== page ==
Why first kisses matter

Evidence suggests the sometimes awkward smooch helps us assess the long-term potential of a mate

Published May 29, 2014 11:45AM (EDT)

This originally appeared on Psychology Today.

Whether given as a greeting, a sign of affection, or tentatively in those first stirrings of attraction, kissing is universal. In many cultures, kisses on the cheek are a common form of saying hello or goodbye. Despite my European upbringing, I have always been a little wary of kissing strangers, even if it's just blowing air or a light peck. There is that uncomfortable moment where you may not be so keen to engage in the ritual and you risk offending a newly-made acquaintance. Yes, I am speaking from experience. Maybe for me, kissing, whatever form it takes, is more personal and intimate. A gesture reserved for ‘special’ occasions. At the same time, one can think of many more unpleasant ways to say hello. For instance, if you are a cat or a dog, a sniff to the bum or a whiff of your breath may be the way to go. I suppose an air kiss to each cheek, the face, not the butt, isn't so bad after all. It’s all about perspective.

Given that some kind of lip-smacking isn’t just for us, it begs the question, why do so many animals kiss? When it comes to greeting one another, be it through a kiss or a sniff, many species exchange a wealth of information about who they are, how healthy they are, what their hormone levels are, where they have been, and what they have eaten. Such is the power of even the simplest of kisses. Take prairie dogs, for example. Prairie dogs are known for their “greet-kiss” and it goes a little like this: two prairie dogs approach, they lock teeth, swap some saliva, and then inevitably, one of two things happens. They fight or they go about their business. When they fight, is this because one of them was a poor kisser? Not likely. It's because those individuals don’t belong to the same social group.

When it comes to arousal, romance, and love, nothing is as momentous as that first kiss. It can rock your world or shatter your dreams. And oh how nerve-wracking it can be (Related: First Kiss)! What's so important about that first kiss anyway?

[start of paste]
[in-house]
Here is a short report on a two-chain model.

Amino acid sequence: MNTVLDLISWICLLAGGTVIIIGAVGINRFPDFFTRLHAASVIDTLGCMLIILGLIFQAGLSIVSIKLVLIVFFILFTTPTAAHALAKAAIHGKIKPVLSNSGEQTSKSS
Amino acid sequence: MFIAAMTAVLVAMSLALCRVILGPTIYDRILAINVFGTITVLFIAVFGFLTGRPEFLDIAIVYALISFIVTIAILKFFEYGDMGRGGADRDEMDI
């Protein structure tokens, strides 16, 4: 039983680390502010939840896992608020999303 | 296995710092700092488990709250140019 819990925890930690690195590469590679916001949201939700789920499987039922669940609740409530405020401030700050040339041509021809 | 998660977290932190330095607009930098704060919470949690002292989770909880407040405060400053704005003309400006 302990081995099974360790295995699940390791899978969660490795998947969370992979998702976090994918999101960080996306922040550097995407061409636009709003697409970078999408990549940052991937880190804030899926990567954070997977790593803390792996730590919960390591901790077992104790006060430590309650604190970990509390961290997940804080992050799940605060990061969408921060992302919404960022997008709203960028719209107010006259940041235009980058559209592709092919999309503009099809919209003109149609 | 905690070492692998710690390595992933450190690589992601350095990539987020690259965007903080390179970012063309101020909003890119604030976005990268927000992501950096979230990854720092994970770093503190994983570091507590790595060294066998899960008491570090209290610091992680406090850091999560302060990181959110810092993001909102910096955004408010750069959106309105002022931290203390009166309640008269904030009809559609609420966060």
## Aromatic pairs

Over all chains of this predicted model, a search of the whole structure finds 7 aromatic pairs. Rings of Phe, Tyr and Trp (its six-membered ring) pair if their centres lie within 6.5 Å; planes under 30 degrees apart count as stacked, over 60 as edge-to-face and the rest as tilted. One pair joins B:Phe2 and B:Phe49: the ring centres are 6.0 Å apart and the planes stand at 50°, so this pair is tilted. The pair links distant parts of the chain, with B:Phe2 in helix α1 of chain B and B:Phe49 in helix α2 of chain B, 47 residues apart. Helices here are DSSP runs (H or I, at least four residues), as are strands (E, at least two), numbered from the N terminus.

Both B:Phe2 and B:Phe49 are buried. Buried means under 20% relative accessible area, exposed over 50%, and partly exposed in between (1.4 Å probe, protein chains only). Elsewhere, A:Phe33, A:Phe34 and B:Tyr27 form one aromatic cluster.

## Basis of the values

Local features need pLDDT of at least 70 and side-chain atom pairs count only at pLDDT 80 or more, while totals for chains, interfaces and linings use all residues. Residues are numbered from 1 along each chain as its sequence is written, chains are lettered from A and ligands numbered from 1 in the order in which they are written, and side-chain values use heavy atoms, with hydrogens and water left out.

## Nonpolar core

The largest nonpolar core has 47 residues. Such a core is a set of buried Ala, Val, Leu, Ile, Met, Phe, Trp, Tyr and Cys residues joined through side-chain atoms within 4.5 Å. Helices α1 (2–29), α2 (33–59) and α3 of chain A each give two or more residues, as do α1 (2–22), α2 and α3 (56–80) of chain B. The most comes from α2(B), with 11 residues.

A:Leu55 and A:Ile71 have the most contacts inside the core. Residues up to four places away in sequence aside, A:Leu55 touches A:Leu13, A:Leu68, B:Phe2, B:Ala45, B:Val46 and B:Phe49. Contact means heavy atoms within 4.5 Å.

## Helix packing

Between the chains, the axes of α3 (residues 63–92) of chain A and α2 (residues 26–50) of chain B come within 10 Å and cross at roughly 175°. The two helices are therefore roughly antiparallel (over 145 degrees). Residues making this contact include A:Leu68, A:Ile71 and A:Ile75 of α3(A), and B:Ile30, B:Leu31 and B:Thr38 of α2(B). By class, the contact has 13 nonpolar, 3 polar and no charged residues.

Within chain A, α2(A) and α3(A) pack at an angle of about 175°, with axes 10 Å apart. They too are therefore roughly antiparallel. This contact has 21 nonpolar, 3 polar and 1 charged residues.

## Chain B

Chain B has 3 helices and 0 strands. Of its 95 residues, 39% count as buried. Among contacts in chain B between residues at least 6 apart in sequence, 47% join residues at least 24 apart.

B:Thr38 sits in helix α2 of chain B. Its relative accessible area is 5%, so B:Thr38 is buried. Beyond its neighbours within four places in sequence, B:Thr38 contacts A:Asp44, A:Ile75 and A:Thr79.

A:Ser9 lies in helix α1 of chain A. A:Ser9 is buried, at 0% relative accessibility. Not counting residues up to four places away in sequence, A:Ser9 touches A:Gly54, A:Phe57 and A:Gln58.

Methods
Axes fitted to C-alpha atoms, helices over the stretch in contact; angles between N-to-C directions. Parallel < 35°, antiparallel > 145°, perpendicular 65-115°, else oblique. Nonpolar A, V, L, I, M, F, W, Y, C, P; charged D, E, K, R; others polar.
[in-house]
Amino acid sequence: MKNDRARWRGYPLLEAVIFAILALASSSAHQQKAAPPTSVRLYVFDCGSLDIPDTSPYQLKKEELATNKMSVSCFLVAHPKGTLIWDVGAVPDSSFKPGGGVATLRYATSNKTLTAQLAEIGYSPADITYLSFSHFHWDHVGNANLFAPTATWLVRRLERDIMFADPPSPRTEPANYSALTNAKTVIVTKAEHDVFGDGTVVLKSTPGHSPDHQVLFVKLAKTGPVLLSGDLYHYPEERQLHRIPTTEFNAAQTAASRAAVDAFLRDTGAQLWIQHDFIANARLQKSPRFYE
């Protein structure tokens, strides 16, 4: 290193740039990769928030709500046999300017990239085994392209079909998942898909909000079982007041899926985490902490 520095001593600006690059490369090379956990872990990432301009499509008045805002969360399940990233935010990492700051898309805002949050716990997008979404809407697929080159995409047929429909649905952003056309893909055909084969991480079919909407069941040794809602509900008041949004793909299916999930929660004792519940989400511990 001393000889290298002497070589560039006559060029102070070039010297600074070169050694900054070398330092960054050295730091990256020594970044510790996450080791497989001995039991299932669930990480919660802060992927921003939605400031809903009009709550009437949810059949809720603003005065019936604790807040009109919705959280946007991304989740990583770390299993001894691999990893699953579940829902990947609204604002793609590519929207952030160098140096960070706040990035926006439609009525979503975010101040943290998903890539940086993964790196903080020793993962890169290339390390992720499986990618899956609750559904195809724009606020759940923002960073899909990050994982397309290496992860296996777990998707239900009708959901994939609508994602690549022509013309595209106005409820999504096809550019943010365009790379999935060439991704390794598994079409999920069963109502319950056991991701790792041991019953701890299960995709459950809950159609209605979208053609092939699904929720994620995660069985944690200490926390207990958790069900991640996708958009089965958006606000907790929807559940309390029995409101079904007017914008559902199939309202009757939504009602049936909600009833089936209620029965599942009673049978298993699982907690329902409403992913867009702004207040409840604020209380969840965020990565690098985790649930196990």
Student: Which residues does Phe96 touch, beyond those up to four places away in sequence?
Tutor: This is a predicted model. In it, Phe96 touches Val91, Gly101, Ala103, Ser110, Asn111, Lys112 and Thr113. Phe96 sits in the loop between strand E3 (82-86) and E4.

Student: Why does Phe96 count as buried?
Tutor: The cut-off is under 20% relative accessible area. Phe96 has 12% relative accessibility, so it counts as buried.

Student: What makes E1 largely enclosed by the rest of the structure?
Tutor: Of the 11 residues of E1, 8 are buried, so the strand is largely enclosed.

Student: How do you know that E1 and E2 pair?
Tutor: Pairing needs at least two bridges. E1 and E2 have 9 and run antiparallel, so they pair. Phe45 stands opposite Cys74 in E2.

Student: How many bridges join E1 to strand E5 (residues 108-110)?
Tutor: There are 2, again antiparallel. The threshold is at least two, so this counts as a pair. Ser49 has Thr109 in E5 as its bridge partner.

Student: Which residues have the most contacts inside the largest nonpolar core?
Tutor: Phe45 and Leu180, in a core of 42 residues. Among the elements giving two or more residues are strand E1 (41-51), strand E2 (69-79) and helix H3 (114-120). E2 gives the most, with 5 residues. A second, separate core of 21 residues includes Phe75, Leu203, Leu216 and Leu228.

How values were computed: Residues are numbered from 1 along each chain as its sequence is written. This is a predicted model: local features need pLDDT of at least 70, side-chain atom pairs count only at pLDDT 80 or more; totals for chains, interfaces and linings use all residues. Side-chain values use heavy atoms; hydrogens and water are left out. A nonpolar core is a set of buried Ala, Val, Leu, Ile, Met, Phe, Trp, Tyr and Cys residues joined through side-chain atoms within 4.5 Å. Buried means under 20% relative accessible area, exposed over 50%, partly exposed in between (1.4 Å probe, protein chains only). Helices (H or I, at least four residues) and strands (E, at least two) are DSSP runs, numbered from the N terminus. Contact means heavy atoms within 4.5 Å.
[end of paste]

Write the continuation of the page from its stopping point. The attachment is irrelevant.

Well, there is some evidence to suggest that the first romantic kiss holds quite a bit of weight and serves as a way to assess the long-term potential of a mate. What are we assessing? A kiss may let you decide, via touch, taste and smell, the quality of a potential mate. Scientists speculate that we get a ton of information through the saliva about hormone levels, health and genetic compatibility. Hmmm... more like prairie dogs than we thought. Not to mention simple compatibility based on how well you kiss together. And naturally we aren’t the only species to kiss for 'love.' And once you kiss, there is a suite of chemical reactions in the brain and body. Sparks really can fly!

Cardiocondyla elegans, a species of ant, has a decidedly special kiss. How does an ant kiss? Unlike bonobos that share our passion for tongue kissing, C. elegans plays antennae hockey to get in the mood. Although we don’t have antennae like this little ant, not all human cultures, past or present, embrace mouth-to-mouth contact as a sign of affection. For instance, in ancient Egyptian and several cultures today (e.g., some Inuit societies) sniffing each other’s breath, licking around the face, or simply rubbing faces is still the way to go. Regardless of what form your kiss takes, it’s thought that once a partner has been selected and you are in a relationship, kissing serves to maintain and strengthen the bond between you. So go ahead — kiss fervently with your mouth, sniff each other intensely, or rub noses with abandon. However you go about it, not only will you learn a lot about a potential mate, it will be sure to get your motor revving with your current partner.

For additional reading see:

Mercier, J. L., Lenoir, J. C., Eberhardt, A., Frohschammer, S., Williams, C., & Heinze, J. (2007). Hammering, mauling, and kissing: stereotyped courtship behavior in Cardiocondyla ants. Insectes sociaux, 54(4), 403-411.

Wlodarski, R., & Dunbar, R. I. (2013). Examining the possible functions of kissing in romantic relationships. Archives of sexual behavior, 42(8), 1415-1423.

By Jennifer Verdolin

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